ELLERBE — The addition of a flowing flume of water has given the Rankin Museum’s annual Geology Dig new life.
Last Saturday was the second dig with the flume. Before, the children’s imaginations would have to work a bit harder to imagine they were sifting through a stream like the miners of old while their parents awkwardly sprayed their mounds of dirt with a water hose.
The children each get a bag of dirt, donated by the Rockingham Rotary Club, and pour a light pile onto their sifting pans and gently “see-saw” either end of the pan in the flowing water to allow it to wash away the rocks and pebbles to reveal brilliantly colored stones and minerals.
“Science is one of those things where you don’t think kids would be interested but you get them out here and they’re like ‘wow, this is really cool,’” said Jason Coen of Rockingham, who brought his children, 7-year-old Jacob and 5-year-old Allie, out to the dig. They went to the Museum of Life and Science in Durham recently, and Coen said his kids “would’ve stayed there all day.”
“This isn’t something you see in Richmond County,” he said. “It’s good to have something like this closer to home.”
The dig started with an introduction into the three kinds of rocks: metamorphic rocks, which are formed through intense heat and pressure from being deep under the earth’s surface; sedimentary rocks, which are made through a steady layering of different materials that pack together over time; and igneous rocks, which are formed through the cooling of magma or lava.
Museum Director Emilie Cobb, who gave the children a presentation on the rocks they would find in their bags before they began, said even though the kids may not all grasp the nomenclature, the act of finding some kind of rock they’ve never seen is enough to potentially spark an interest in the field later in life.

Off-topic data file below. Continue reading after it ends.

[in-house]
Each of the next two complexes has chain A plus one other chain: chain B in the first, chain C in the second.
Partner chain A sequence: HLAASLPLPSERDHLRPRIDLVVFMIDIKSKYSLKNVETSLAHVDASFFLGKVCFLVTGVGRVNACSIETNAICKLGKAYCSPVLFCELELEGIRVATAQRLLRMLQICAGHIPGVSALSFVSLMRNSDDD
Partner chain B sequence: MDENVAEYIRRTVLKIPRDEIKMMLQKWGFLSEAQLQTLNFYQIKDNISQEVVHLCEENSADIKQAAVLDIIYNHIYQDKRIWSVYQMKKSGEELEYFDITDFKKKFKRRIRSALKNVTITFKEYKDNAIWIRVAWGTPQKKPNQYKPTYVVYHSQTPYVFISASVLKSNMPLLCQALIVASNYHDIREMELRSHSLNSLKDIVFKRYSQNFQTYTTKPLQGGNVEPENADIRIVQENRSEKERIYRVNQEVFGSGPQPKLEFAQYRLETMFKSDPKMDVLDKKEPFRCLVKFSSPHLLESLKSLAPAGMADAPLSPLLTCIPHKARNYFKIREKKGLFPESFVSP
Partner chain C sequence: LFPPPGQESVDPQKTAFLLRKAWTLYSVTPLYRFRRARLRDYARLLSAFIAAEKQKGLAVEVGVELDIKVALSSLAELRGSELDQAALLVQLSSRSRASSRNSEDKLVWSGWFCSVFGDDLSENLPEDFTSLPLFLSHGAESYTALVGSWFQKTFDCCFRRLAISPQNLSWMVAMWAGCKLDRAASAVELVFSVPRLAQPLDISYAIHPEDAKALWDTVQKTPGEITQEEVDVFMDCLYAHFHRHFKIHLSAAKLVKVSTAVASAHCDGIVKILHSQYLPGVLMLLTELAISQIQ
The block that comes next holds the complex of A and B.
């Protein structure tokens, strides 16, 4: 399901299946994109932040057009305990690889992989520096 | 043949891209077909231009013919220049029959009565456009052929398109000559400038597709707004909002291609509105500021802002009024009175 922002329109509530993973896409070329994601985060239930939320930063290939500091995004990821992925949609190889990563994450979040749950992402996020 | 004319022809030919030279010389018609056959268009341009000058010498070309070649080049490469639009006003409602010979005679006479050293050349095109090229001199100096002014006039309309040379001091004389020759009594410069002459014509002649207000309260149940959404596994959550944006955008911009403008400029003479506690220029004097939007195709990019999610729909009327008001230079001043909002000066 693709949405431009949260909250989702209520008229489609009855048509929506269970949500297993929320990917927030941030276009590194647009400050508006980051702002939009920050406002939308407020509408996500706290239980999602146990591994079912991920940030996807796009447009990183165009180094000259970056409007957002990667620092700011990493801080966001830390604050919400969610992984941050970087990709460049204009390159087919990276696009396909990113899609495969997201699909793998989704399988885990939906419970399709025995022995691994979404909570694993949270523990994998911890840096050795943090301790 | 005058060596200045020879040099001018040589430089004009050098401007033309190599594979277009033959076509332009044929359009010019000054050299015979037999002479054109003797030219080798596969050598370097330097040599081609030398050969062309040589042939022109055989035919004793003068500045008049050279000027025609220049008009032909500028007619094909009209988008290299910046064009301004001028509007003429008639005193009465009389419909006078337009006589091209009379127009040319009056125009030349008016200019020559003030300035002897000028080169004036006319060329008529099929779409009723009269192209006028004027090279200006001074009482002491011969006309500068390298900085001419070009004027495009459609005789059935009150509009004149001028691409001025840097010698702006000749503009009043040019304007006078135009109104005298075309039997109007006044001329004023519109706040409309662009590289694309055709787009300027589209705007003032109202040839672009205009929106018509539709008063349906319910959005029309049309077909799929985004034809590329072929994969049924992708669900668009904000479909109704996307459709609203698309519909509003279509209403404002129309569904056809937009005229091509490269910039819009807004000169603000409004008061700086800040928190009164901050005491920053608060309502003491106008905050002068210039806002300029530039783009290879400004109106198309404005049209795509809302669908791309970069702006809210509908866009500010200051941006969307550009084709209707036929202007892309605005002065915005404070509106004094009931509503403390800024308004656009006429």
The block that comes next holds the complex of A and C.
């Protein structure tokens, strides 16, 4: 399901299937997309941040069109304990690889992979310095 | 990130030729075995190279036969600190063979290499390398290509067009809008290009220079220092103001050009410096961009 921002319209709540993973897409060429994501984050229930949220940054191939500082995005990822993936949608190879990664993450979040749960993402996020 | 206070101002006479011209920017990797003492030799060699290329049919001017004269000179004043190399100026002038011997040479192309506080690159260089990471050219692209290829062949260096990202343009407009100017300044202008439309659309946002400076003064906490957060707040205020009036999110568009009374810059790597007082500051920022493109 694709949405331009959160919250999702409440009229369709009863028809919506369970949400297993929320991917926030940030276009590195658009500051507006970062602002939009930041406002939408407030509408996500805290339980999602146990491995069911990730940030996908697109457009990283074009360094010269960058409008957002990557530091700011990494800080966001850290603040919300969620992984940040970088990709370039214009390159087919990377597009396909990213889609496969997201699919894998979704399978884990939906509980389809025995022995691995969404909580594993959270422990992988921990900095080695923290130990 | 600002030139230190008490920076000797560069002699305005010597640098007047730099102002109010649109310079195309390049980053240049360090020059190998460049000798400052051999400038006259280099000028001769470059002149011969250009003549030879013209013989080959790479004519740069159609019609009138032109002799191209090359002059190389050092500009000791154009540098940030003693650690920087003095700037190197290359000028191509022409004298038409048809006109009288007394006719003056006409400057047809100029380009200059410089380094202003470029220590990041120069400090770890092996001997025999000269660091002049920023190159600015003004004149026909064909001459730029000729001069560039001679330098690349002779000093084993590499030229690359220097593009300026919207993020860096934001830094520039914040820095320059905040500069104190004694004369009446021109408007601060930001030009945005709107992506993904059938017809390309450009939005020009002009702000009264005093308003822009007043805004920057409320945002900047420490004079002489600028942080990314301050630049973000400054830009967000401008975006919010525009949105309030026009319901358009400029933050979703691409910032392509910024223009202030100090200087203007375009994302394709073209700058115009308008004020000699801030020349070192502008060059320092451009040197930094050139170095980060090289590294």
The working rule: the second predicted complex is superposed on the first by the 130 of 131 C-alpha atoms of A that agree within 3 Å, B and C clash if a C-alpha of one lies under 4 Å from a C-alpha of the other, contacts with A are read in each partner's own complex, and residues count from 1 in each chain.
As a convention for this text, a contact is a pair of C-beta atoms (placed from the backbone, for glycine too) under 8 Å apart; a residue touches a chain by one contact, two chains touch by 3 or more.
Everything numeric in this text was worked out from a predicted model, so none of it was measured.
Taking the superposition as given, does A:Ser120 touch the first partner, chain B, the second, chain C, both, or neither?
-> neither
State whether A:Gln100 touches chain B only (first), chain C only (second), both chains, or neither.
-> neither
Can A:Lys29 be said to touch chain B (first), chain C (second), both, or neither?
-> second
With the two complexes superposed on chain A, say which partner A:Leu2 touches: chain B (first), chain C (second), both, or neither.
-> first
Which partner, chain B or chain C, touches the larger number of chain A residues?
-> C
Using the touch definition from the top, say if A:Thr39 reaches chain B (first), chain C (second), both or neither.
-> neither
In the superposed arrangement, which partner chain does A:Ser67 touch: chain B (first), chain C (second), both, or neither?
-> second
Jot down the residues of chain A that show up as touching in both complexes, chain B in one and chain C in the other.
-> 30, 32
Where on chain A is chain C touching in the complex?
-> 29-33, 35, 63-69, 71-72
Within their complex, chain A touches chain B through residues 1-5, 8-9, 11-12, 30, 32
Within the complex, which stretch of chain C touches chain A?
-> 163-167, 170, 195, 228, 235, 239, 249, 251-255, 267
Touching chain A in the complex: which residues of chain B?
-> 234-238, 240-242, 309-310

“Maybe one day a kid will say, ‘Hey, I did this thing when I was five and I’m gonna go be a geologist now,’” Cobb said. “You never know.”
Twins Ella and Brice Lockamy, 9, gained an interest in digging from their grandfather’s passion in Native American artifacts, according to their grandmother, Cheryl Hall, of Mount Gilead. The family does similar digs often and the twins each have large collections of rocks that piqued their interest. Hall said Ella is “very methodical” about how she categorizes her rocks, while Brice keeps his in two peanut butter jars and other bags.
“It’s just amazing finding all these rocks, they’re really pretty,” Ella said, gasping every few seconds at each brilliantly colored rock she found, some crystalline with pastel hues, others boldly fluorescent.
The event was free to the public. There were four groups of about 20 kids each participating. Brett Webb, president of the museum’s Board of Directors, said they see many familiar faces coming out to the digs because one experience tends to bring them back. The Rankin Museum will hold it’s annual Fossil Fair on Sept. 22.
Webb said the museum has set a goal to have four such events a year rather than two.
As the children began to finish their bags, 10-year-old Alyssa Sellers found a new challenge: digging through the discard bucket to find what others had missed.
“A lot of people miss the little things but a lot of times the little things are prettier than the big things,” Alyssa said. She added that while she wants to be a veterinarian when she grows up, “this can be my hobby.” Her mother, Angie McCaskill, said Alyssa keeps bags of seashells and fossils which help her stay challenged academically.
Leanne Brewer, 24, who began working for the museum as an intern in 2015 and is now a volunteer, said the flume has helped the museum grow because it’s the only one in the county.
“I like seeing the happiness they have when they find a really good one — there’s that glow,” Brewer said.
Karen Brewer, Leanne’s mother and secretary of the museum’s board, has been a middle school earth sciences teacher for 18 years and said she’s watched children’s interest in geology grow over the years from the first “glow” to something more.
“Kids like to dig in the dirt anyhow but here they can take it home” where they can analyze them and come up with their own system of categorizing them, the elder Brewer said. “Once they start questioning that’s always the gateway to learning.”
Gavin Stone can be reached at 910-817-2674 or [email protected]